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Rapid changes in oxygen linked to first mass extinction

About 443 million years ago, life on Earth was nearly decimated during the Late Ordovician mass extinction (LOME) – one of the five major mass extinctions in our planet’s history. The LOME was the only extinction event that scientists are confident took place in so-called “icehouse” conditions, in which widespread ice sheets were present across the Earth’s surface. For a long time, scientists have pondered about the possible causes of this event, including habitat loss in a rapidly cooling world or persistent low-oxygen conditions in the oceans.

Now, by measuring isotopes of the element thallium – which shows enhanced sensitivity to changes in oxygen in the ancient marine environment – a team of researchers led by Florida State University (FSU) has found that some patterns of this mass extinction coincided with an initial rapid decrease in marine oxygen levels followed by a fast increase in oxygen.

“Paleontologists have noted that there were several groups of organisms, such as graptolites and brachiopods, that started to decline very early in this mass extinction interval, but we didn’t really have any good evidence of an environmental or climate signature to tie that early decline of these groups to a particular mechanism,” said study co-author Seth Young, an associate professor of Earth, Ocean, and Atmospheric Science at FSU.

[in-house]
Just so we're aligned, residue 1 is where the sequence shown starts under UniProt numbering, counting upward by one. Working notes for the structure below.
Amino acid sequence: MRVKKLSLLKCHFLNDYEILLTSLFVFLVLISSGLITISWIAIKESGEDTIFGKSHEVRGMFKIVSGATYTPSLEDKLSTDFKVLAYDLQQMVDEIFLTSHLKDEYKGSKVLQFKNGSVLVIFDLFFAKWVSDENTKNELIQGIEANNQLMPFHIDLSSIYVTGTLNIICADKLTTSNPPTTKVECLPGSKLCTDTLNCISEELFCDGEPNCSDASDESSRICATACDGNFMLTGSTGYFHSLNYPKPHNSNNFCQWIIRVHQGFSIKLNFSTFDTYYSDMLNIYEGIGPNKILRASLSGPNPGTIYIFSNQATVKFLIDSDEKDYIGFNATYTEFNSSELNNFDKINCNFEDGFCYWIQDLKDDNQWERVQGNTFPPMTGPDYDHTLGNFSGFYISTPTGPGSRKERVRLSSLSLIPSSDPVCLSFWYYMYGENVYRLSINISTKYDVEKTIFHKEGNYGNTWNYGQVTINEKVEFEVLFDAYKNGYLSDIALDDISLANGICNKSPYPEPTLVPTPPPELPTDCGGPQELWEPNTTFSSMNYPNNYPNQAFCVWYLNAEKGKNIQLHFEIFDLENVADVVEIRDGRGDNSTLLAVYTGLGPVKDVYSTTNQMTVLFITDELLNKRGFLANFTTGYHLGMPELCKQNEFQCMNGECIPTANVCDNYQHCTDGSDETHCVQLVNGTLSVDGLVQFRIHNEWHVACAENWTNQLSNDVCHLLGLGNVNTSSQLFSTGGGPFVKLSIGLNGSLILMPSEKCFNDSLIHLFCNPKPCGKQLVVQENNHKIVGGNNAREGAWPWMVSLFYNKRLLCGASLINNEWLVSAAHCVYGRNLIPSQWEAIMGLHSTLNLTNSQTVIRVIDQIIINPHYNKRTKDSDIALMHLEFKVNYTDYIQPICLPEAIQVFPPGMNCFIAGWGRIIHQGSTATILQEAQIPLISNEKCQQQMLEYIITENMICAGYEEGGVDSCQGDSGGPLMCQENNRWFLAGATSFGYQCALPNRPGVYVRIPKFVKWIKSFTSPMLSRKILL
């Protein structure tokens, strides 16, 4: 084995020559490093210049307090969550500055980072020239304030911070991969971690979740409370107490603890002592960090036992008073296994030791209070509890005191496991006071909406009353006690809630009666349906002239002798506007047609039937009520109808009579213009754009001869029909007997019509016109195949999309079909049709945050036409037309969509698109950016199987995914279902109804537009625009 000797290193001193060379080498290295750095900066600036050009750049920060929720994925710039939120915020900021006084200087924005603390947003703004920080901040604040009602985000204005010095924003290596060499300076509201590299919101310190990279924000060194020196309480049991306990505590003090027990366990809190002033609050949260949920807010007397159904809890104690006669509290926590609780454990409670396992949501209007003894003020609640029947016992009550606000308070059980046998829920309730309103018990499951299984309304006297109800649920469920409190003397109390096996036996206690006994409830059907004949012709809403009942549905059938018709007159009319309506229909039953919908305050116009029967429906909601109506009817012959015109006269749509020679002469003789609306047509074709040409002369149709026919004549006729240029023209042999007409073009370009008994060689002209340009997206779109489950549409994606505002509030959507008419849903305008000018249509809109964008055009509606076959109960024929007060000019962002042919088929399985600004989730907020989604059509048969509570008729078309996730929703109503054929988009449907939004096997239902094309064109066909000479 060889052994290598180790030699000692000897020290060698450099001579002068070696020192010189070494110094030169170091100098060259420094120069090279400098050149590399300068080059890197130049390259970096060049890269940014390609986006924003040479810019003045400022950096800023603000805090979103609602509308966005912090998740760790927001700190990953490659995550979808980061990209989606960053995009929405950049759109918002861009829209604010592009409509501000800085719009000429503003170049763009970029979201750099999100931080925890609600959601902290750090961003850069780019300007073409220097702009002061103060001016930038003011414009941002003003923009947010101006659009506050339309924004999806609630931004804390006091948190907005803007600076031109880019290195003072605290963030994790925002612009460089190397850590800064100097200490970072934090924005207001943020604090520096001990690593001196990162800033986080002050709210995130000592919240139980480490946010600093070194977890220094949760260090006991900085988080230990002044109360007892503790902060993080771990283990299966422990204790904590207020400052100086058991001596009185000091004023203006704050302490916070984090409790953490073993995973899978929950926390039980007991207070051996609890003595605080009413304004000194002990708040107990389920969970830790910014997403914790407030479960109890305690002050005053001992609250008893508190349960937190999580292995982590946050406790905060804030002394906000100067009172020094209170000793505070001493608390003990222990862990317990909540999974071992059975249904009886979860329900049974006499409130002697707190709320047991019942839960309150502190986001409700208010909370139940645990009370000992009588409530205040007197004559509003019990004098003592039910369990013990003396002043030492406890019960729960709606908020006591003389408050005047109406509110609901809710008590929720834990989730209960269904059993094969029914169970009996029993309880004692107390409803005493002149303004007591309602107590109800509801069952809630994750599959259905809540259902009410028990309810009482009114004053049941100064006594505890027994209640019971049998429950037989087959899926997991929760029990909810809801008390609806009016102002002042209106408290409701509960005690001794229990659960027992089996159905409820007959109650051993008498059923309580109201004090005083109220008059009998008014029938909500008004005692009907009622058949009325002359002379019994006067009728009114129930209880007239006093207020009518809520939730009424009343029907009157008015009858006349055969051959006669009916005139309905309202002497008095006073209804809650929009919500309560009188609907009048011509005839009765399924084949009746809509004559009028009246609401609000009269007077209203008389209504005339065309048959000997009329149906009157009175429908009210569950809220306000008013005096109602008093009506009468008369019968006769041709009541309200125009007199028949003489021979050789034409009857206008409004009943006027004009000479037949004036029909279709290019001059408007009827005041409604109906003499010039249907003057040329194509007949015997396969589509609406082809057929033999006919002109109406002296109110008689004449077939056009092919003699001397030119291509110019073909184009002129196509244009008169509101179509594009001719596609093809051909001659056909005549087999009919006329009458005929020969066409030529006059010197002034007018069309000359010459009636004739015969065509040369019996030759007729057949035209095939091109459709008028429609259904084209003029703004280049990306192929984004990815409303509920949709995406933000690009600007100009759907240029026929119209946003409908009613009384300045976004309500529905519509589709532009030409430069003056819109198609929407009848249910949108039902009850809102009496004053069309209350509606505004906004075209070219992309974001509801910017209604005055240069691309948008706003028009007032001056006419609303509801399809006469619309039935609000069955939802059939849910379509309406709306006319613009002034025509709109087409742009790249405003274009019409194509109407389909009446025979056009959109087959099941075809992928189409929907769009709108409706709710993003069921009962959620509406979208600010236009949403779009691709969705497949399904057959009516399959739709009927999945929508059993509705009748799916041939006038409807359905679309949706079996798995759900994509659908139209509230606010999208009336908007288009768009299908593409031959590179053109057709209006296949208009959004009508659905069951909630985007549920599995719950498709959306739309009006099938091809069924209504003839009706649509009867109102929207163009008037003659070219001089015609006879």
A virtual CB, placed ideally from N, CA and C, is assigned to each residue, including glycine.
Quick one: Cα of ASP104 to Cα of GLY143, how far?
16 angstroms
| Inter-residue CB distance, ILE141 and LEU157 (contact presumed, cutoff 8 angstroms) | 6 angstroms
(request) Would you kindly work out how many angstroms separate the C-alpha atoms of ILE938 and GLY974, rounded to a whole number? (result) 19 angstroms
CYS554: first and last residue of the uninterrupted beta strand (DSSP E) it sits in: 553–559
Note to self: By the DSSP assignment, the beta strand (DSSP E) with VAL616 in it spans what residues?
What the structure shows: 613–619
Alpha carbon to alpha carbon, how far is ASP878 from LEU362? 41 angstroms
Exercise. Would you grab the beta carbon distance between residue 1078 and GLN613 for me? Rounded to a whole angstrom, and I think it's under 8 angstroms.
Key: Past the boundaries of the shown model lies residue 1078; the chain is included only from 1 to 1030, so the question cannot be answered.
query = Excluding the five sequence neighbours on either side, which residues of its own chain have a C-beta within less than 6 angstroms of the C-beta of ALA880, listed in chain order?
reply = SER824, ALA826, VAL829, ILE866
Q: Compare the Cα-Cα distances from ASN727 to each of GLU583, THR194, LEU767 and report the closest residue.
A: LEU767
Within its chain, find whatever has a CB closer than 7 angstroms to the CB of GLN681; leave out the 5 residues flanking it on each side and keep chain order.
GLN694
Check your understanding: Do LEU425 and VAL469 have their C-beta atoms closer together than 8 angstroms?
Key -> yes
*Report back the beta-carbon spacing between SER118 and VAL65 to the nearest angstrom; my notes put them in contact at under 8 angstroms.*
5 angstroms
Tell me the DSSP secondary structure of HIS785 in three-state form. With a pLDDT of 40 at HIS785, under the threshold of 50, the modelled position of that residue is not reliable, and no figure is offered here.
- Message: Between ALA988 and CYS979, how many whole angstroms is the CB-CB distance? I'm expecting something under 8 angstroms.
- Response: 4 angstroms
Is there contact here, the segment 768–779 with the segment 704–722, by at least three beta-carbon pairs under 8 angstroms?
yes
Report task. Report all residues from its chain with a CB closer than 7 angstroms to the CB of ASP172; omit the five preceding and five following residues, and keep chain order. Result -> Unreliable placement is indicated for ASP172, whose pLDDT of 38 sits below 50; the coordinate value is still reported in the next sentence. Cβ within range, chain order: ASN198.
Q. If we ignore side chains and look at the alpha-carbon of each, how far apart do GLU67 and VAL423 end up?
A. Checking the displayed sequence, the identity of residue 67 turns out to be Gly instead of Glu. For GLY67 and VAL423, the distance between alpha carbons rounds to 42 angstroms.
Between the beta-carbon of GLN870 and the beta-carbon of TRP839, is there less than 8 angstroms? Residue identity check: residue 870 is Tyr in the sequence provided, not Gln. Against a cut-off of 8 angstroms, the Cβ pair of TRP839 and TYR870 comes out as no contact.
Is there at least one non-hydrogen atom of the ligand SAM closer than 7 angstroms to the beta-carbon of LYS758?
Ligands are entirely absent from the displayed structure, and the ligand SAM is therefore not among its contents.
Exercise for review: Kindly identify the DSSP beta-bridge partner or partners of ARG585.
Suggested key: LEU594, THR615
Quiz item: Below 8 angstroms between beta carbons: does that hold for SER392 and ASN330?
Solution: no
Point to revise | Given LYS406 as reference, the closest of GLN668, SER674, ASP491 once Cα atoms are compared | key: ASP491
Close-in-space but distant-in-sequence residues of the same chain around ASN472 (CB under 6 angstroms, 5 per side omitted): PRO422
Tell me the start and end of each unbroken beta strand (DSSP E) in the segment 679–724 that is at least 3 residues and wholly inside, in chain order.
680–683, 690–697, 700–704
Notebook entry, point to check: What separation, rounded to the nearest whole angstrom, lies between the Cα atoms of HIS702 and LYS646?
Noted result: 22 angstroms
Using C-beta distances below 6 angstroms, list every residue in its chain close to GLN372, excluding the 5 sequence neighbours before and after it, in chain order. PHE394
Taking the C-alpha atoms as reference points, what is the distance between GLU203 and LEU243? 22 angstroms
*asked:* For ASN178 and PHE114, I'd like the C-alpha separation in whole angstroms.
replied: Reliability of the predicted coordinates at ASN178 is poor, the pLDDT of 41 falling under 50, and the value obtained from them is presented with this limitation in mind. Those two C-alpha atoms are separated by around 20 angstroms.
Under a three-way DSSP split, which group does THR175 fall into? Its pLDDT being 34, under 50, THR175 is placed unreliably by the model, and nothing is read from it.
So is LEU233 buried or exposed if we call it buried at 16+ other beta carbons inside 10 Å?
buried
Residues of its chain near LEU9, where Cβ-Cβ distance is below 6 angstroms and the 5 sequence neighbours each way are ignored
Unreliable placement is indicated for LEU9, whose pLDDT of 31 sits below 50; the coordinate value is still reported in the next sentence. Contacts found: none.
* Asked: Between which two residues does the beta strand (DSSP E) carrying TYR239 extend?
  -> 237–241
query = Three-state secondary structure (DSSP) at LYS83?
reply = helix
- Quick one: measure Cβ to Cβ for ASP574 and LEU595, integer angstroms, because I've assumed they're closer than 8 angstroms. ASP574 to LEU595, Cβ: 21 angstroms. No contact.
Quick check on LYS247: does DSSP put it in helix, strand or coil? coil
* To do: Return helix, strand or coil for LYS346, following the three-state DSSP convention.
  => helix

“This paper can directly link that early phase of extinction to changes in oxygen. We see a marked change in thallium isotopes at the same time these organisms start their steady decline into the main phase of the mass extinction event.”

According to the scientists, this decrease in oxygen was immediately followed by a sudden increase that coincided with the first die-offs during the mass extinction, as well as major ice sheet growth over the ancient South Pole. 

“Turbulence in oxygen levels in oceanic waters is really what seems to have been pretty problematic for organisms that were living in the Late Ordovician at that time, which might have been adapted to cope with low oxygen conditions initially or vice versa,” Young explained.

“The fact that oxygen levels in the oceans next to the continents switched back and forth over short geologic time scales (a few hundred thousand years) really did seem to play havoc with these marine ecosystems.”

The study is published in the journal Science Advances.

By Andrei Ionescu, Staff Writer

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